Pensions and retirement

As the UK population ages, it is more important than ever that the UK pension system supports people to provide for their own retirement but also helps those who reach retirement without enough wealth to maintain an acceptable standard of living.

These objectives frequently – and perhaps inherently – conflict. In dealing with the inevitable trade-offs, policymakers need to have three important questions (among many others) in mind.

  • Is the financial support offered to pensioners by the state in retirement sustainable in terms of the burden it places on the working population?
  • Are the mechanisms by which the private financial sector helps people save for retirement sustainable in the sharing of risk between employers and employees?
  • Is the way in which the state and private systems interact sustainable in the sense that the combination promises people a reasonable degree of financial security without creating unduly powerful disincentives for them to work and save?

Our research in this area examines these questions. We look in detail at individual and employer behaviour, and the impact of various actual and proposed government reforms. We also compare experience in the UK to trends seen in other countries with different institutional arrangements.

Between 2012 and 2014, IFS researchers – with support from the Joseph Rowntree Foundation – carried out a programme of work looking at the prospects for future pensioner living standards. This note draws together some of the key findings from that project to paint a picture of the issues facing future cohorts of pensioners hoping to achieve a decent standard of living in retirement.

Retirement incentives and labor supply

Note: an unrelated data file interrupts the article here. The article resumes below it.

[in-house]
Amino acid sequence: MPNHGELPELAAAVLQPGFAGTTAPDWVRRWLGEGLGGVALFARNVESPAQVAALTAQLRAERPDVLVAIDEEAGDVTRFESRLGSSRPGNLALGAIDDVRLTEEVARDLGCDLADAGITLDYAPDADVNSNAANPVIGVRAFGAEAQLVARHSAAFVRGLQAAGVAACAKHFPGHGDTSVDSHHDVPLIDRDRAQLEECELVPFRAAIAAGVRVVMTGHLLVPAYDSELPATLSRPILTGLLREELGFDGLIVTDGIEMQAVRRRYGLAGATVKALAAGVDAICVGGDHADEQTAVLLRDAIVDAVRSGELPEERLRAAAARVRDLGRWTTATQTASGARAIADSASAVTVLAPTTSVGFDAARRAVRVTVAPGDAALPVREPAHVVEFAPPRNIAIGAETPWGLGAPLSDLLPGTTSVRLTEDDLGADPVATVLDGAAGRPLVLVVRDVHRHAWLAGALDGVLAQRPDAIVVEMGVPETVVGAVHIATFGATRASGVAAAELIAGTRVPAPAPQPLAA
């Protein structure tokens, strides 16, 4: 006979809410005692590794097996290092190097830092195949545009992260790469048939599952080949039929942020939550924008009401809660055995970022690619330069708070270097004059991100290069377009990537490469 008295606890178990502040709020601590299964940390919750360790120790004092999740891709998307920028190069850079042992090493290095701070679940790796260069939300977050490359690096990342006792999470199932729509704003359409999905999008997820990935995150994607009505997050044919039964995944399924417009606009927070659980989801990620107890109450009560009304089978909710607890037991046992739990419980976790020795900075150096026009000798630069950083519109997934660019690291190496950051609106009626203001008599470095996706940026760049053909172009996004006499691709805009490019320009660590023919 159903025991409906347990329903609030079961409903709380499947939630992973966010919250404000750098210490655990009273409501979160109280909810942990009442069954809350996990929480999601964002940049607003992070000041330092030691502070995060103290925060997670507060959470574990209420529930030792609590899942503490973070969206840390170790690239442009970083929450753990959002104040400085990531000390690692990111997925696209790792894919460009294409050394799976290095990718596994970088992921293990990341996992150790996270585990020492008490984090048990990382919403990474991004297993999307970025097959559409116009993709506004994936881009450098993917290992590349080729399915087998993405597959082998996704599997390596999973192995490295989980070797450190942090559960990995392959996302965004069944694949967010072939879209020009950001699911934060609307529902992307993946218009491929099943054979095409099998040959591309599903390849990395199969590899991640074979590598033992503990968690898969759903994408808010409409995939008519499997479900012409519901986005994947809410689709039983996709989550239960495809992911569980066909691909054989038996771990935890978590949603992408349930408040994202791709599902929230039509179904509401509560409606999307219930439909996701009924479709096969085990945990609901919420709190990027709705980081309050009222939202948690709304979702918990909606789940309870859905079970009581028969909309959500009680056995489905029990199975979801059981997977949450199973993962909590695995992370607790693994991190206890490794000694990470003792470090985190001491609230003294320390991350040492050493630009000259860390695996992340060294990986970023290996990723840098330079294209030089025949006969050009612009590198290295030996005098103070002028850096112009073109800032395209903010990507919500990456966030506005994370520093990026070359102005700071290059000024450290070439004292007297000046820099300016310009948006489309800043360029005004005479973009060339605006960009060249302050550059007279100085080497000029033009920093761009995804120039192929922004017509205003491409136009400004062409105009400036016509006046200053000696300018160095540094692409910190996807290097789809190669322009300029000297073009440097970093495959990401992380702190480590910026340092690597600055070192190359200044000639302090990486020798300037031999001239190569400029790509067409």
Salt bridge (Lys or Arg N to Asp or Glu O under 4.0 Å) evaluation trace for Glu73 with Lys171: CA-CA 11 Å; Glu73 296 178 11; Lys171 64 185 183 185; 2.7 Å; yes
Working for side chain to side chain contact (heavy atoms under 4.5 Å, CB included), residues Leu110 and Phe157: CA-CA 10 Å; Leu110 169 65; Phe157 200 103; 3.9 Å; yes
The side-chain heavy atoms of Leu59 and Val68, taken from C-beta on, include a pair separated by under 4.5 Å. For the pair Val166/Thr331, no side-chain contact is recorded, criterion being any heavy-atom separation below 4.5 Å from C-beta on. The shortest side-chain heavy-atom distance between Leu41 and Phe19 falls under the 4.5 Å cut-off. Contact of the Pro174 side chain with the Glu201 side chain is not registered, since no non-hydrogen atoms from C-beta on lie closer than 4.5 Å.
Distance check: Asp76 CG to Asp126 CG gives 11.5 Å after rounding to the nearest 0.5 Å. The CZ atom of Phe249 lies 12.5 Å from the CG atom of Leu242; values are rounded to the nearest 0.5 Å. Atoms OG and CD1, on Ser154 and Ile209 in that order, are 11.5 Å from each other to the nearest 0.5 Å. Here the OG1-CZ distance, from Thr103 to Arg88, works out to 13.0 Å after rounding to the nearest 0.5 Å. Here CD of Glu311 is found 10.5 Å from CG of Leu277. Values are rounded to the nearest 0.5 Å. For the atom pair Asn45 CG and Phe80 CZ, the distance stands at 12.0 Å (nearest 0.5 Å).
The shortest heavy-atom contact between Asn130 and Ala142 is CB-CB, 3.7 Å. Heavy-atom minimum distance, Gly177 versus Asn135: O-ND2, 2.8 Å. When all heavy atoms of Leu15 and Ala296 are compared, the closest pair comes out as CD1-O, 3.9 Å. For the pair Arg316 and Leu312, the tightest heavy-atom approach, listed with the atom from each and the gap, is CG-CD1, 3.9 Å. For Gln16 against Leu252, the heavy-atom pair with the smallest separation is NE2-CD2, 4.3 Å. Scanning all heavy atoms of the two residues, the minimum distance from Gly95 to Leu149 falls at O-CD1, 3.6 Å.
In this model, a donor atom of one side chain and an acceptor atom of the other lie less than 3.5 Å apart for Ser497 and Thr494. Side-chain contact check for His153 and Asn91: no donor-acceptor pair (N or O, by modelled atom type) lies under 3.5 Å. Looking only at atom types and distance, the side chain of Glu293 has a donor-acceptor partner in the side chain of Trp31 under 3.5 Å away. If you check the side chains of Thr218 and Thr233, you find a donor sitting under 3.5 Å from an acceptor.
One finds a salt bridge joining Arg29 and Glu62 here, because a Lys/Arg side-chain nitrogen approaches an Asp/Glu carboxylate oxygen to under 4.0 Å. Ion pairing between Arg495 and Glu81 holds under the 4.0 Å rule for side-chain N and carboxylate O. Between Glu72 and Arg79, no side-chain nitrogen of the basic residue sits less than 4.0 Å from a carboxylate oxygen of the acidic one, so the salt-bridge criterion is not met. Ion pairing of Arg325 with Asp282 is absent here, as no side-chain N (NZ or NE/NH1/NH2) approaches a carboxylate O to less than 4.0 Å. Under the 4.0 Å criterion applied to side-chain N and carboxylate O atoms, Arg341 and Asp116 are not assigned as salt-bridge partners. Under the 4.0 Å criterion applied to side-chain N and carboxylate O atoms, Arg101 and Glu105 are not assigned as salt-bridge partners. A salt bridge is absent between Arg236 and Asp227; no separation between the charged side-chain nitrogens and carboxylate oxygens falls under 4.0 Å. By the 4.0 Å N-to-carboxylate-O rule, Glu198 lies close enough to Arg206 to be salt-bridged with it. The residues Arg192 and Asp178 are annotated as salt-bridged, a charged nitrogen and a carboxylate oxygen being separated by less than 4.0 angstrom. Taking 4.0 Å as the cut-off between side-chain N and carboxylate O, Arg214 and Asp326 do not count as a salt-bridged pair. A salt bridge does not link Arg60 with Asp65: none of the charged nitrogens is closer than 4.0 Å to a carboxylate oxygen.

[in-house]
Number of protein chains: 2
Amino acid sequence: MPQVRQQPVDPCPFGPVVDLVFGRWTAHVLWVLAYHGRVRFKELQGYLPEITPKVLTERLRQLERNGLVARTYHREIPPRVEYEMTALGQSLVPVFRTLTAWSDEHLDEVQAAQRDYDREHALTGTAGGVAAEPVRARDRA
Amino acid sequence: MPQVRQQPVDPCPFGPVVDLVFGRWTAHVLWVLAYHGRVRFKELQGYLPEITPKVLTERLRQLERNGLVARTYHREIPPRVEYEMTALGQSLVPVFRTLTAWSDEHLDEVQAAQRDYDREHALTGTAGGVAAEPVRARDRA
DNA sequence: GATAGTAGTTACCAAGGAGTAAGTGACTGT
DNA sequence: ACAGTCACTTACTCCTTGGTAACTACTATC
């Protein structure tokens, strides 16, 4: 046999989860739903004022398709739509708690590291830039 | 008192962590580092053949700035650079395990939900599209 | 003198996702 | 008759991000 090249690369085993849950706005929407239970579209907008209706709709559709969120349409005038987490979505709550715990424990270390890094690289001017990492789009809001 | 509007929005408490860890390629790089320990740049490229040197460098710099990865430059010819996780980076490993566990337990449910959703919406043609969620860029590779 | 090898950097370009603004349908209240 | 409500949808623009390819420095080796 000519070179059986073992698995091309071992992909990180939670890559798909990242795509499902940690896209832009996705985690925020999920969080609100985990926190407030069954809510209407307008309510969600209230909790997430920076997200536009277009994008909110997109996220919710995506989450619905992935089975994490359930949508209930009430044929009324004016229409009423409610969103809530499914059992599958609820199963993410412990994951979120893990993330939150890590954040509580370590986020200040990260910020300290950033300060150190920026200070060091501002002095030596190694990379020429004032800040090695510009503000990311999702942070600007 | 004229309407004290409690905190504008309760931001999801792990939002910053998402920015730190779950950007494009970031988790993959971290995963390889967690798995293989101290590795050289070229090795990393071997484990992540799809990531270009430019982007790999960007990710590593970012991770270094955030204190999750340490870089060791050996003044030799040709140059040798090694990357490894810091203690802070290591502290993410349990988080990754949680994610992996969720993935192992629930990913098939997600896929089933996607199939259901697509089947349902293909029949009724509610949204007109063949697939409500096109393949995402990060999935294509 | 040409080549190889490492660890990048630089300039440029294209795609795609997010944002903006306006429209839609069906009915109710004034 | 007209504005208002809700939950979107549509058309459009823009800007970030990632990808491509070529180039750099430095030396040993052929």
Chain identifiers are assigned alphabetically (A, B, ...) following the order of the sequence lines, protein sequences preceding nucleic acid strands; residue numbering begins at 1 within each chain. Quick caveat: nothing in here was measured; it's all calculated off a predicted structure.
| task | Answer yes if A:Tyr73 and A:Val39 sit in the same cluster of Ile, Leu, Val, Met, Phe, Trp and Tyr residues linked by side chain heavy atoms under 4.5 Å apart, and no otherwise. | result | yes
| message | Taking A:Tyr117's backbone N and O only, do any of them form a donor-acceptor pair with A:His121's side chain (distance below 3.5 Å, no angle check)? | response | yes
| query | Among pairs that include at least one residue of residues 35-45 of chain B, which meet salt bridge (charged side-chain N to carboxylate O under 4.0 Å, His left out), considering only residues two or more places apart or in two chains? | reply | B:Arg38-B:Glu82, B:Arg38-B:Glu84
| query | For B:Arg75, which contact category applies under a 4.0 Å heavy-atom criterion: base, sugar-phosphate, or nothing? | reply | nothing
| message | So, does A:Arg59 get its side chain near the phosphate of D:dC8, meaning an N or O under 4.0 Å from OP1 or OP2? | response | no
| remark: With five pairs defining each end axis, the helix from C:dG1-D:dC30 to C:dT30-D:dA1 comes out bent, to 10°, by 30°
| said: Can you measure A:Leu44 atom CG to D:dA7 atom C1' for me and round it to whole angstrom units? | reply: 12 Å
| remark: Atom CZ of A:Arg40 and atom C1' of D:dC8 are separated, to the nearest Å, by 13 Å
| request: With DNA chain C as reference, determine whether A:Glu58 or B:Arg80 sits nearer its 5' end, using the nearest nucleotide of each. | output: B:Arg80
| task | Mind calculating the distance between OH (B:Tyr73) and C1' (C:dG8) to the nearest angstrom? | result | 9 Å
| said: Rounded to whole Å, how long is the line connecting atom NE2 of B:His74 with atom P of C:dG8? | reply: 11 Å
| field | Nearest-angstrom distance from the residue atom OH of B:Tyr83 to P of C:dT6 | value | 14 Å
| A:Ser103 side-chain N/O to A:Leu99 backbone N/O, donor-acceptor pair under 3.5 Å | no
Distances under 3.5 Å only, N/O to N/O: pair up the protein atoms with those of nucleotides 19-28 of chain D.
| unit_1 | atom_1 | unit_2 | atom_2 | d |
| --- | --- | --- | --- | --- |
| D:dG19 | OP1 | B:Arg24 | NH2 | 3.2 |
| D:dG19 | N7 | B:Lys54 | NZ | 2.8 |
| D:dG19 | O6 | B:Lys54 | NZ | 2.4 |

| Book Chapters

‘Retirement Incentives and Labor Supply’ in A. Woodland and J. Piggott (eds) Handbook of the Economics of Population Aging, Chapter 1, Vol 1B, Elsevier.

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The ageing population

| Video clip

Why is the UK experiencing an ageing population, and what does that mean for the public finances? Carl Emmerson, Deputy Director of the Institute for Fiscal Studies, explains.

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Would you rather? Further increases in the state pension age v abandoning the triple lock

| Observations

On Tuesday afternoon MPs in the House of Commons will debate the recent report by the Work and Pensions Select Committee on “intergenerational fairness”. This argued that triple lock indexation of the state pension should not continue beyond 2020 and pointed out that, for a given amount of spending on the state pension, there is a trade-off between the level of the state pension and the state pension age. This observation uses projections from the Office for Budget Responsibility to quantify this trade-off.

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